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My Brother Louis Measures Worms

by Barbara Robinson

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272186,569 (3.73)1
Young Mary Elizabeth relates the humorous misadventures of her brother Louis and the other wacky members of her unpredictable, very odd family.

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When I was little, I somehow got it fixed in my head that this book told the story of the childhood of Louis, the janitor from the [Wayside School]. Maybe it's because this book, like those, is a collection of loosely connected short stories; maybe it's just that Wayside School is *entirely* the sort of place where Louis would end up.

I recently found a copy of the book again (hampered by the fact that I kept looking for it under the author of Wayside School, rather than under Barbara Robinson (she of The Best Christmas Pageant Ever) and I find I enjoy it just as much as ever. These are elegantly wacky little vignettes of family and childhood in a small town in Ohio, in that nebulous decade sometime in the mid-20th century when everyone had cars and telephones and bicycles but there were no such things as radios or televisions or rollerskates. And while they're excellent as children's stories, they've got an adult sensibility that made them fascinating when I was little (where did Louisa May's baby come from? Would Mary really have to go to Chillicothe and change her name?) and kept them entertaining when I came back to them twenty years later. That's not suprising, as Robinson also wrote stories for magazines like McCall's and Ladies Home Journal, and these stories would fit right in to one of those publications.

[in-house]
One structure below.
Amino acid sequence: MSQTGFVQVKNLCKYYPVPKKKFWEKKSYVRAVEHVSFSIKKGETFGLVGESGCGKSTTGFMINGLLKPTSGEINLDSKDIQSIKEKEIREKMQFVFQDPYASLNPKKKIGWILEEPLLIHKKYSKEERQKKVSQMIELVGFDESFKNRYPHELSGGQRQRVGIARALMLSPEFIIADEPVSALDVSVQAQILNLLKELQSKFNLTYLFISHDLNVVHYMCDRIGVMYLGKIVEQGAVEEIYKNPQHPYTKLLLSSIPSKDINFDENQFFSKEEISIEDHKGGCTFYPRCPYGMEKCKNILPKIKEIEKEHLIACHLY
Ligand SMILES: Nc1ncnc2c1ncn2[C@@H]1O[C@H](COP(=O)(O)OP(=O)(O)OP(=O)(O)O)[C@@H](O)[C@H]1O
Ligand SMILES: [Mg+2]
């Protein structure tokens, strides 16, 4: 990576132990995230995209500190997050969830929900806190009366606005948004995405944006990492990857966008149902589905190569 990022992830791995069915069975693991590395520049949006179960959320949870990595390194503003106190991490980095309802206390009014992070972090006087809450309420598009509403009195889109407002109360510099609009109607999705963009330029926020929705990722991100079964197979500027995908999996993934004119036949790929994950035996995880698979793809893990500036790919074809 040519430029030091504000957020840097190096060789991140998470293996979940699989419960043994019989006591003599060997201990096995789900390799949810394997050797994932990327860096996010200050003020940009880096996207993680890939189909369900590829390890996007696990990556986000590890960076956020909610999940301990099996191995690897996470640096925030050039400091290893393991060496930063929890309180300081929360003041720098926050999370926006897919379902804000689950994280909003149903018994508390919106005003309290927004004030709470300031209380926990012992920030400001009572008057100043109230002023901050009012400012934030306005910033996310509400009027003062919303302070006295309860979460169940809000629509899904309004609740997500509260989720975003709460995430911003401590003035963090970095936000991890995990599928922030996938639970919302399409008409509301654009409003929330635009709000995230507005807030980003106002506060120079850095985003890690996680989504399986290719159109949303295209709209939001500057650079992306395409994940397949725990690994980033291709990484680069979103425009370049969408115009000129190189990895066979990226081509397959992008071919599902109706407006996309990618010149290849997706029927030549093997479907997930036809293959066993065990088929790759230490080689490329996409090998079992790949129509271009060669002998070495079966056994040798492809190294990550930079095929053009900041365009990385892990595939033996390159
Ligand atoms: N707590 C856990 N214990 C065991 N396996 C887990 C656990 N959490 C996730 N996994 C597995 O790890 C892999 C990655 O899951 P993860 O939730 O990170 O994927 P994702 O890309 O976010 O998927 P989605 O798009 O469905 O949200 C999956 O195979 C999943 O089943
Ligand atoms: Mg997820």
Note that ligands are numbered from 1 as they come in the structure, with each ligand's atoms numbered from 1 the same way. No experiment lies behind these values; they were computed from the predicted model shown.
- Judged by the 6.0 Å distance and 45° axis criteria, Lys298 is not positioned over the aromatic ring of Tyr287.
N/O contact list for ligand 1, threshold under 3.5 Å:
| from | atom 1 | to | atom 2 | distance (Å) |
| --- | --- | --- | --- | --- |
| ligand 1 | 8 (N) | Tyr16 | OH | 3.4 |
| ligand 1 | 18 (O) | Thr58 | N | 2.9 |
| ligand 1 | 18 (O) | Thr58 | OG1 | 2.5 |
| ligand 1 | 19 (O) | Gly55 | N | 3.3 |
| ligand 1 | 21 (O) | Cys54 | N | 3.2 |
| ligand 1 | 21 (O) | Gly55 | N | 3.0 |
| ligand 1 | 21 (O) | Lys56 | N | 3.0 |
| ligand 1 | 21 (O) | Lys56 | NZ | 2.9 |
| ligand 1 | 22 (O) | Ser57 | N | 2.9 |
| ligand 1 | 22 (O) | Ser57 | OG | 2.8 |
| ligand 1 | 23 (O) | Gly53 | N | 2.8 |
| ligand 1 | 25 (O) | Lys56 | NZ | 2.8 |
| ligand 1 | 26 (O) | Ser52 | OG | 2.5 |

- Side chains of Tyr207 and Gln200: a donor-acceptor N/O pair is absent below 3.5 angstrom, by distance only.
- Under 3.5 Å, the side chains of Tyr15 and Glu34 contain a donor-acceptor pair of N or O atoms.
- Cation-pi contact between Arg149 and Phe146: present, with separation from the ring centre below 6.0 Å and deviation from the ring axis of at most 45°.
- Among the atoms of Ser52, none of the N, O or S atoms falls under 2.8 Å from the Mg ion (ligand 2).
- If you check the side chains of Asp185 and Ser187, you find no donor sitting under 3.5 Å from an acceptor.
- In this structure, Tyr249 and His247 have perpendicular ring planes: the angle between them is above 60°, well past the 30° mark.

Also, I think this is the book where I got my philosophy of driving, but don't tell my sister that. ( )
  melannen | Jan 8, 2008 |
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I was ten years old when my little brother Louis began driving my mother's car, and by the time I was eleven he had put over four hundred miles on it.
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(Click to show. Warning: May contain spoilers.)
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Young Mary Elizabeth relates the humorous misadventures of her brother Louis and the other wacky members of her unpredictable, very odd family.

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